West Bengal Board of Secondary Education
|This article does not cite any sources. (May 2016) (Learn how and when to remove this template message)|
|পশ্চিমবঙ্গ মধ্য শিক্ষা পর্ষদ|
|Headquarters||Nivedita Bhawan, Block DJ-8, Sector-II, Salt Lake, Kolkata – 700091|
The West Bengal Board of Secondary Education (Bengali: পশ্চিমবঙ্গ মধ্য শিক্ষা পর্ষদ) is the West Bengal state government administered autonomous examining authority for the Standard 10 examination (or secondary school level examination) of West Bengal, India. The examination for the 10th standard is called the Madhyamik Pariksha or secondary examination. The Madhyamik examination is conducted annually and simultaneously all over the state of West Bengal and also in affiliates of the board located outside West Bengal, elsewhere in India. More than 10,50,000 examinees take the exam each year.
It has its headquarters at Nivedita Bhaban, in Bidhannagar, a suburb of Kolkata.
The Board of Secondary Education was established in 1951 under an Act of the State Legislature called the West Bengal Secondary Education Act of 1950. The Board was inaugurated by the then Governor of West Bengal Dr.K.N.Katju on 3 May 1951 and the Board started functioning under the Chairmanship of Sri Apurba Kumar Chanda.
The basic task before the Board was twofold.
- To regulate, control and develop secondary education of the State.
- To conduct the School Final Examination.
Previously this was done by Calcutta University. The Board was subsequently renamed as West Bengal Board of Secondary Education in 1964, under the West Bengal Board of Secondary Education Act 1963. During its long history the Board was superseded by the State Govt. twice. The first instance was from 1954 to 1963 (Bengal Secondary Education (Temporary Provisions) Ordinance 1954) and the second occasion arose from 1978 to 1980. The Board, an autonomous body, in its present look came into existence from January 1964 with Dr. J.C.Sengupta in the Chair.
The operational ambit of the Board has increased manifold over the years. In 1951 the Board started its journey with 1270 high schools taken over from Calcutta University which increased to 2312 by the end of 1963 and to more than 8000 by the, end of 1975 including some schools outside the territorial jurisdiction of the State. Presently the Board is handling around 10238 numbers of schools.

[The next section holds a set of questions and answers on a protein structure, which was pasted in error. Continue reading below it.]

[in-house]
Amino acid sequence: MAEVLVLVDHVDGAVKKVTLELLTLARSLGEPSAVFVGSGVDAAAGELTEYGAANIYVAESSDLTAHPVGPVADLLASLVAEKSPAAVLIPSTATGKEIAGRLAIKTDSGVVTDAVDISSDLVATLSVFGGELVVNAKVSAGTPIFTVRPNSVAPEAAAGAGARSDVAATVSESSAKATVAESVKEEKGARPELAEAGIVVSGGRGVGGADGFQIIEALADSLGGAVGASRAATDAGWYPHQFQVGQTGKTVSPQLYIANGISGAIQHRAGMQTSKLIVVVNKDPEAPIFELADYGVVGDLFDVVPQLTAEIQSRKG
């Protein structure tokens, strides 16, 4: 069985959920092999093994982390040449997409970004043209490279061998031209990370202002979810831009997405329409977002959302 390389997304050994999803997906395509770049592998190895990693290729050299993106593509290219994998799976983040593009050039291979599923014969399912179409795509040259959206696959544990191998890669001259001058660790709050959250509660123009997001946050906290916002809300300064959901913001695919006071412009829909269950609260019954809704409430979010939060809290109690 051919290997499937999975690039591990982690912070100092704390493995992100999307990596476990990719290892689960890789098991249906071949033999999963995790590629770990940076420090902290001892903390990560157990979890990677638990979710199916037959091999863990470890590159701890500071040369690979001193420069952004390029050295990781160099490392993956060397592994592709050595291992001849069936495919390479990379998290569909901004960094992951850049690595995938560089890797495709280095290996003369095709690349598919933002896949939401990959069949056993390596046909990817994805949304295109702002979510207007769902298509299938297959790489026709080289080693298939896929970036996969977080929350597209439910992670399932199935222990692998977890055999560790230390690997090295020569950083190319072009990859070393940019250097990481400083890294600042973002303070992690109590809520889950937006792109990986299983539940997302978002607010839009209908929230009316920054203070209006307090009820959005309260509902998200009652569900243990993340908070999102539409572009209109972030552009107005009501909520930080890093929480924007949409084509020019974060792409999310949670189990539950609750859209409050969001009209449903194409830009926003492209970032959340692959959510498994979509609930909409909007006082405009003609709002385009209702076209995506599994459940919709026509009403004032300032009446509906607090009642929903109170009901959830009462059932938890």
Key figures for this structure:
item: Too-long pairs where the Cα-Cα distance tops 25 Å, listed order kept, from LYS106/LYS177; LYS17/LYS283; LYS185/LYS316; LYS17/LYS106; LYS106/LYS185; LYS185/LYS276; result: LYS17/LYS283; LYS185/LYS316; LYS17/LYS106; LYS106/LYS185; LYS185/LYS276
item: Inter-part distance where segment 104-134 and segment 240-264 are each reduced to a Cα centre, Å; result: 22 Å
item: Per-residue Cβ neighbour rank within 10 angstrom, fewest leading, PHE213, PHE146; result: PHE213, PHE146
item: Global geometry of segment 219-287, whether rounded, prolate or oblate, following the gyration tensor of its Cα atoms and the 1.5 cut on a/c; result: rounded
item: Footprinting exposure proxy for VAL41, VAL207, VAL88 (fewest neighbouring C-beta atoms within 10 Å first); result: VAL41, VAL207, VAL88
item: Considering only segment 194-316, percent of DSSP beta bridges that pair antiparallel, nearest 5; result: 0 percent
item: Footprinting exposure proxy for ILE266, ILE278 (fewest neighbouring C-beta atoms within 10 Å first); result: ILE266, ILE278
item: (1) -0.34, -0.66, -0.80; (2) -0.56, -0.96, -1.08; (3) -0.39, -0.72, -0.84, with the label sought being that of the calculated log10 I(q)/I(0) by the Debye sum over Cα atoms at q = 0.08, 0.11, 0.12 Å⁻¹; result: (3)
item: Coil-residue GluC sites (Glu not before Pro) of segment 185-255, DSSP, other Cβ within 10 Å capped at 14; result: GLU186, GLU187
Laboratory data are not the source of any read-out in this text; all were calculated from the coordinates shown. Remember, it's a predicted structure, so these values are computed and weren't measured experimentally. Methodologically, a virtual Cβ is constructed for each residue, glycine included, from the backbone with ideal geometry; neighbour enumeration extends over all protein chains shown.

With the increase in the number of recognised schools, the examinees appearing in the Secondary Examination (School Leaving Examination with a general syllabus) have increased. In 1952, the Board handled only 42000 examinees, which increased to more than five lakhs in 1976 and in 2006 this figure jumped to nearly 8 lakhs.
Over the years, the Board has also taken up the publication of text books for different classes as well according approval to books from private authors and publishers for their introduction in different schools including books in Santhali (a tribal language), Nepali and Urdu catering to specific linguistic demands. The research and review of text books are done by panels of independent experts to ensure strict quality control and maintain standard.
To cater to the ever increasing demand, the Board time and again has restructured the syllabus with the help of independent panel of experts(the latest effort in this regard has been taken in 1999) and has also introduced new additional subjects to cope with the demand of modern times . Subjects like Information Technology, Computer Application and Hardware Management are being offered as additional subjects in the schools. The board also conducts teachers' orientation to equip them with the changes in the syllabus and teaching techniques. Subject specific such teacher empowerment is a continuous process. New emerging issues are also being fittingly addressed as done in Life-Style Education and environmental studies.